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Our group will discuss Indigenous Programming; that is, code and programming languages built on spoken and written Indigenous languages.
With the wider support for Unicode, there has been an uptick in languages that challenge English's dominance. The most widely remarked-upon in the academic community is قلب by Ramsey Nasser, an Arabic LISP (also discussed in the 2014 working group). It showed not just that such a language is possible, but through the difficulties in making it functional, illustrated the Western biases of tools used by programmers. Another example is Yorlang, a Yoruba-based programming language by Karounwi Anu, a Nigerian developer. He uses English with his clients, but Yoruba with his friends, and wanted to be able to write code in the language they consider their own.
Outi Laiti's thesis on Ethnoprogramming gives insight into these works. She shows how programming's hardware and software levels rest on a terminology level, which itself rests on a cultural level. People who are excluded from the cultural level may find the other levels more challenging and be discouraged from programming. Alternately, they may be forced to embrace an English-based programming language, thus reinforcing a colonial language’s dominance locally. As Laiti says, "If we want to see a new generation of computer programmers who blur the borders of language, gender and culture, the ethnic side of computing needs to be researched and discussed."
However, what sets apart indigenous languages specifically can be difficult to define. Even the term Indigenous itself is debated. In her thesis, Laiti remarks on how the term has been criticized in defining people by their connection to colonial history. However, she provides an outline that might be helpful: "Indigenous people have their own language. They have a small population inside a dominant culture of the country. They still practice their cultural traditions and at last, some of them live in a territory that is, or used to be, theirs. They identify themselves as Indigenous people." Part of the issue arises from Western concepts of Indigeneity as analogous, that regardless of geographic locale being Indigenous merely means non-European/Western. But to say, for example, that Indigenous people in Papua New Guinea share the same or similar political and cultural concerns of the Inuit people would be false. However, there is a commonality that could be seen as a Pan-Indigenous lens and that is the socio-political and cultural perspectives of Indigenous people collectively contest the power of assimilationist nation-states and strongly self-advocate for community sovereignty and autonomy.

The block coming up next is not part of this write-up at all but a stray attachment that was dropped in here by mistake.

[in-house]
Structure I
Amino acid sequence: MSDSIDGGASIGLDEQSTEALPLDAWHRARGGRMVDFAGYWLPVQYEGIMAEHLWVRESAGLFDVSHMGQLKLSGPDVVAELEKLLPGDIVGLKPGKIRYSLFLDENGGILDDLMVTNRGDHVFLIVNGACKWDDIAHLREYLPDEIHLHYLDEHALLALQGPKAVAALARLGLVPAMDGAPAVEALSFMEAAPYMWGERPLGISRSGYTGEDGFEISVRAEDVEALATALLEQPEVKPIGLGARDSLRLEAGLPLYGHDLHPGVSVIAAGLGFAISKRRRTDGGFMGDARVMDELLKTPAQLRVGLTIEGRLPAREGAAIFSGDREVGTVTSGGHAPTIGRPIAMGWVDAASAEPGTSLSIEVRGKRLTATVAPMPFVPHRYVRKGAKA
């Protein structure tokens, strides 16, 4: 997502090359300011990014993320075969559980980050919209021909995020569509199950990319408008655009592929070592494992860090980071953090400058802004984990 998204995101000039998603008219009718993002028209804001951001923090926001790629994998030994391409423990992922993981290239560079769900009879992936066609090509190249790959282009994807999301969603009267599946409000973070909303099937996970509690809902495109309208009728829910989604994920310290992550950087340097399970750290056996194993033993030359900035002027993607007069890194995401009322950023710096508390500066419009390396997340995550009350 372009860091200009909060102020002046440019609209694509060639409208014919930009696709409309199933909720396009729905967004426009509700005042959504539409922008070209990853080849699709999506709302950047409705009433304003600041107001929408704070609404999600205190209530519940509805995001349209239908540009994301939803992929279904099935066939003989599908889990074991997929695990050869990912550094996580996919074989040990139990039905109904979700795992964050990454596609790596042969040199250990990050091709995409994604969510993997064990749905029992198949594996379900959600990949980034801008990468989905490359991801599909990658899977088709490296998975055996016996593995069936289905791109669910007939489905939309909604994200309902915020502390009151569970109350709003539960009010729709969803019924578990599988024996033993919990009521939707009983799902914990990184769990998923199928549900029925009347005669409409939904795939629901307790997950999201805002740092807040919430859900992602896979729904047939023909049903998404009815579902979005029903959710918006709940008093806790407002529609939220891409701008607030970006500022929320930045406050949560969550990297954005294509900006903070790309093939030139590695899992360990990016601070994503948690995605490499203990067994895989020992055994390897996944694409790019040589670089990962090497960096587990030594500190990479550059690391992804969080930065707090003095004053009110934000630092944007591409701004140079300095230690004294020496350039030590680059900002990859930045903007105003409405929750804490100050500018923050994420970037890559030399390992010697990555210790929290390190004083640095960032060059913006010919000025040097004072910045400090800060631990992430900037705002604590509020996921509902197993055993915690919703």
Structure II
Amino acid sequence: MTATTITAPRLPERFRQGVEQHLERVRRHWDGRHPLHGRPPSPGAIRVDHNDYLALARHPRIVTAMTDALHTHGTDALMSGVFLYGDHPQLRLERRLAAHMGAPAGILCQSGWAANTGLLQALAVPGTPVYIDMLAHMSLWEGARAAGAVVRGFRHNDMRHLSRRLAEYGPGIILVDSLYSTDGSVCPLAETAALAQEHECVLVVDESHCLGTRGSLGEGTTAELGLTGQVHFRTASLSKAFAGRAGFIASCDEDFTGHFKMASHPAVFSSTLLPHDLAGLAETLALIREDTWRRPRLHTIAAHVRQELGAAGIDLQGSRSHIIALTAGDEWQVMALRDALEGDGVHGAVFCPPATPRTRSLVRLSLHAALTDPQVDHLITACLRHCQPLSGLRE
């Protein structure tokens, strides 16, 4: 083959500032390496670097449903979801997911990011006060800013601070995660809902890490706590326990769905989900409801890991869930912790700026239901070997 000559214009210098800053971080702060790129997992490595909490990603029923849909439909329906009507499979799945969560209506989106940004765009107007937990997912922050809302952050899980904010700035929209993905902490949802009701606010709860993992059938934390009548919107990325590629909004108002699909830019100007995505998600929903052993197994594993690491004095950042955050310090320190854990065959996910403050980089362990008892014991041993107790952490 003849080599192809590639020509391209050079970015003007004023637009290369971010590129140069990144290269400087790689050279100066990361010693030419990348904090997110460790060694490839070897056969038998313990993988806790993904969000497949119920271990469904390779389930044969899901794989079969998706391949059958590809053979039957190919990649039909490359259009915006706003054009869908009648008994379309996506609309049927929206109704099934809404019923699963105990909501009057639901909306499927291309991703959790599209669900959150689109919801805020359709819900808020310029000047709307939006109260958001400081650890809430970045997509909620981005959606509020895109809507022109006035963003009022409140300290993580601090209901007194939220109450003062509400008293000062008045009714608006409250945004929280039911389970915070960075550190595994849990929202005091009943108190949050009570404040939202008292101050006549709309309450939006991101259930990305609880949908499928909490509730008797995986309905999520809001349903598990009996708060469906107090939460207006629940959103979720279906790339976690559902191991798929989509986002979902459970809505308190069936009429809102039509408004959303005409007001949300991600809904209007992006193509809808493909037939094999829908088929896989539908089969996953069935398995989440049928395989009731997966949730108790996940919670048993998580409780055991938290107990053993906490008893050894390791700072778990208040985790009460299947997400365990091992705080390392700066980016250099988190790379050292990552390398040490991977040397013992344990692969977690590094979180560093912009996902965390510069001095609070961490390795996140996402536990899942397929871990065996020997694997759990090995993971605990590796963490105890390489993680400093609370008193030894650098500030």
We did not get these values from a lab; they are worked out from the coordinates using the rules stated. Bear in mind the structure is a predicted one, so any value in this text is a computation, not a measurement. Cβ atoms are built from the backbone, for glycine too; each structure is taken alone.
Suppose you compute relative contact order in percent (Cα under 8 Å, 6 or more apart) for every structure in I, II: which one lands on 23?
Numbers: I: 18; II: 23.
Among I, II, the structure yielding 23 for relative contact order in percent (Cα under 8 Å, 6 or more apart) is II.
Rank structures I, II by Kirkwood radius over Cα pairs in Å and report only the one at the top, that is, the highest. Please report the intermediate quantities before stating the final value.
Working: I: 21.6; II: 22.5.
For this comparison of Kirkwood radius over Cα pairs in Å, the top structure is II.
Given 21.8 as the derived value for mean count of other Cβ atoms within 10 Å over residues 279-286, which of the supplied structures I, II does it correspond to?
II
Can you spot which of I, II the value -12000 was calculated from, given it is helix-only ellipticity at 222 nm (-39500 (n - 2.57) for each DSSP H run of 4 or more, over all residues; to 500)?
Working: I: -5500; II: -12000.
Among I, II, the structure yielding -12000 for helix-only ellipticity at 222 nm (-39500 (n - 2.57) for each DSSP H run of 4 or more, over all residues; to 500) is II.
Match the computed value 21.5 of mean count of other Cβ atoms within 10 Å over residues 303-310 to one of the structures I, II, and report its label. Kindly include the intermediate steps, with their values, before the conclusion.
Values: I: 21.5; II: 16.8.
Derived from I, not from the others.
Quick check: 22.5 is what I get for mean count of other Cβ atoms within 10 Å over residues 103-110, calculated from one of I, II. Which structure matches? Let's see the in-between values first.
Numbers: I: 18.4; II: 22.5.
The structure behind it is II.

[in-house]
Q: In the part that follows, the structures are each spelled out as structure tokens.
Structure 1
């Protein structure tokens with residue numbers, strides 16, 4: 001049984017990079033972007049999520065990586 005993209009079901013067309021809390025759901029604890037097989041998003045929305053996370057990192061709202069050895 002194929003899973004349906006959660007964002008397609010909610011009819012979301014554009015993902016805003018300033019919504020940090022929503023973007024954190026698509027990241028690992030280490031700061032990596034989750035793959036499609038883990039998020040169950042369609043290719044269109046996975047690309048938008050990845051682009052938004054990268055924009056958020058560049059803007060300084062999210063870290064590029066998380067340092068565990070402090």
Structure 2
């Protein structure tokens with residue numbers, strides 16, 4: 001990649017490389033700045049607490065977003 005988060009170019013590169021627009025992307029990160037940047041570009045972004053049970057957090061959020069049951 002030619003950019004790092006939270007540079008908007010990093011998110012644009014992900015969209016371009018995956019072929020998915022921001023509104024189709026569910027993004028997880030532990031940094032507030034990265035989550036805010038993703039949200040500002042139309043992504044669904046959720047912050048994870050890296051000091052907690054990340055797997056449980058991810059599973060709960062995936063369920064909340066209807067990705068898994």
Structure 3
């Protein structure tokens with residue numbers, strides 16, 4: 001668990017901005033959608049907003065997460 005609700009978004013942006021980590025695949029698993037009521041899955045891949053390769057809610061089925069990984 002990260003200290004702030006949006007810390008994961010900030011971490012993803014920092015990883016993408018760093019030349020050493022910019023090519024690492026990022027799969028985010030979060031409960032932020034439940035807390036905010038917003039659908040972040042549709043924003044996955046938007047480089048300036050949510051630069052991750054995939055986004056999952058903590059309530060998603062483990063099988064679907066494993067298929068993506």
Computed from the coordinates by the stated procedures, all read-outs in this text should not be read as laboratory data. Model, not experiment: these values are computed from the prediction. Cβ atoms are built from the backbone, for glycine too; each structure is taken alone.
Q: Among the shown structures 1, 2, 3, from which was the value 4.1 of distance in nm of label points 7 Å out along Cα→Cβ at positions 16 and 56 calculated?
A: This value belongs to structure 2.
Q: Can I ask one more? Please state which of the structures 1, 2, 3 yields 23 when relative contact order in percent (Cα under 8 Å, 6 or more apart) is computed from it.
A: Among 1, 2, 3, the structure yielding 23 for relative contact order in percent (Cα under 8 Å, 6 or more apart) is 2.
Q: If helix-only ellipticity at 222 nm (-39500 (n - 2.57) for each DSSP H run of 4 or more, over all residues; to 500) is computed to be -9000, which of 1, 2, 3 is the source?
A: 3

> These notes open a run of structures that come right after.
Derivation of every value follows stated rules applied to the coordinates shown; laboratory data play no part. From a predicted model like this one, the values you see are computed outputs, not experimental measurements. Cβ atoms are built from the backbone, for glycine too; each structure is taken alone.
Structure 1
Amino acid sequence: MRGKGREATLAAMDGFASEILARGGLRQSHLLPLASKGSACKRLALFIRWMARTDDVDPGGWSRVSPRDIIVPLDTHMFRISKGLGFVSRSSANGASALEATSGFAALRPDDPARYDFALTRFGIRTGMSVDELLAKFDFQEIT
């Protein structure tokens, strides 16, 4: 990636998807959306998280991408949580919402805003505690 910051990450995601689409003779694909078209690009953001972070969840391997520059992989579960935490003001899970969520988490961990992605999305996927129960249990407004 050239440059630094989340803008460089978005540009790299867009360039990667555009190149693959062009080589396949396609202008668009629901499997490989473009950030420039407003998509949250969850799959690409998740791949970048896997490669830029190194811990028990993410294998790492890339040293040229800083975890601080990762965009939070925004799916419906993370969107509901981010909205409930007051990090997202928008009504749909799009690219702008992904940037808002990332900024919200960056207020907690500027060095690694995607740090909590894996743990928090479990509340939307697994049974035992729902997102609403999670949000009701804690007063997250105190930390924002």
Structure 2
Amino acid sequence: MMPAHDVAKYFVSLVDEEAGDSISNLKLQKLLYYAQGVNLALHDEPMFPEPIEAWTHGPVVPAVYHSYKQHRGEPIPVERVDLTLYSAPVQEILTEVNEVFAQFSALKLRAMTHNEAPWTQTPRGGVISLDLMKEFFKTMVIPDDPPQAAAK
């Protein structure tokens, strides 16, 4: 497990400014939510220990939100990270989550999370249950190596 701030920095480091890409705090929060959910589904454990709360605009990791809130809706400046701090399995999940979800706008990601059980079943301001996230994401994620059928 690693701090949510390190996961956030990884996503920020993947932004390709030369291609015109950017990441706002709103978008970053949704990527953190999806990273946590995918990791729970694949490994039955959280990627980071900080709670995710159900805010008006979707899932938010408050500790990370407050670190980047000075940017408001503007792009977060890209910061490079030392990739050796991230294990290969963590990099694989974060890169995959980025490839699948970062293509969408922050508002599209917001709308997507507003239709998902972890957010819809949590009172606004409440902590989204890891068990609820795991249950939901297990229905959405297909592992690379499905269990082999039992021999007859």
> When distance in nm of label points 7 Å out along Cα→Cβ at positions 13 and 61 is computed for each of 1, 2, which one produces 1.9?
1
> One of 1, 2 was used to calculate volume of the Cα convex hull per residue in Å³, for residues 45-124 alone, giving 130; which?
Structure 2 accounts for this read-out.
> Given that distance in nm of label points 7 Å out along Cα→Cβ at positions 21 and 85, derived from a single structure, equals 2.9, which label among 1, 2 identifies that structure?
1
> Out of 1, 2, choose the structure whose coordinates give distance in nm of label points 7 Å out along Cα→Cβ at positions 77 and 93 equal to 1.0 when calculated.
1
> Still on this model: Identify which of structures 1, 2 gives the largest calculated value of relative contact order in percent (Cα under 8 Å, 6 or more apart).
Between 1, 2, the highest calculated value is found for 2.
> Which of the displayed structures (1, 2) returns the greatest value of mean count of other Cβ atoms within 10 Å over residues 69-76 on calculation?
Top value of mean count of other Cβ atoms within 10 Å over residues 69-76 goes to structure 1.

Beyond the question of bringing these languages into the text of code are how Indigenous culture might shape programming language design at a deeper level. Jon Corbett’s Cree# language, which we will look at more deeply in a code critique thread, serves as an example. In Cree#, each program begins with smudging, a command that mirrors the ceremonial cleansing practice common to many North American Native people. This practice in life is intended to clear the mind, ears, eyes, mouth, heart, body and spirit. In his digital incorporation of this ceremony, the smudge command clears the buffer, resets the virtual machine to an initial state, and prepares it for a new activity. This connects the computer’s activities to living practices and by extension becomes braided and harmonious with everyday life.
We invite you to join us in exploring these and other issues in Indigenous computation, with these questions in mind:
With the advancements in language technologies (unicode, etc), why is 90% of all computing done in English still? Is this changing? Why can’t we write code in our ancestral languages?
What is uniquely at stake for Indigenous communities vs. other communities that happen to speak languages other than English?
How do we get code to reflect Indigenous thinking beyond just using relevant keywords? How can we bring the cultural logic of the community into the language?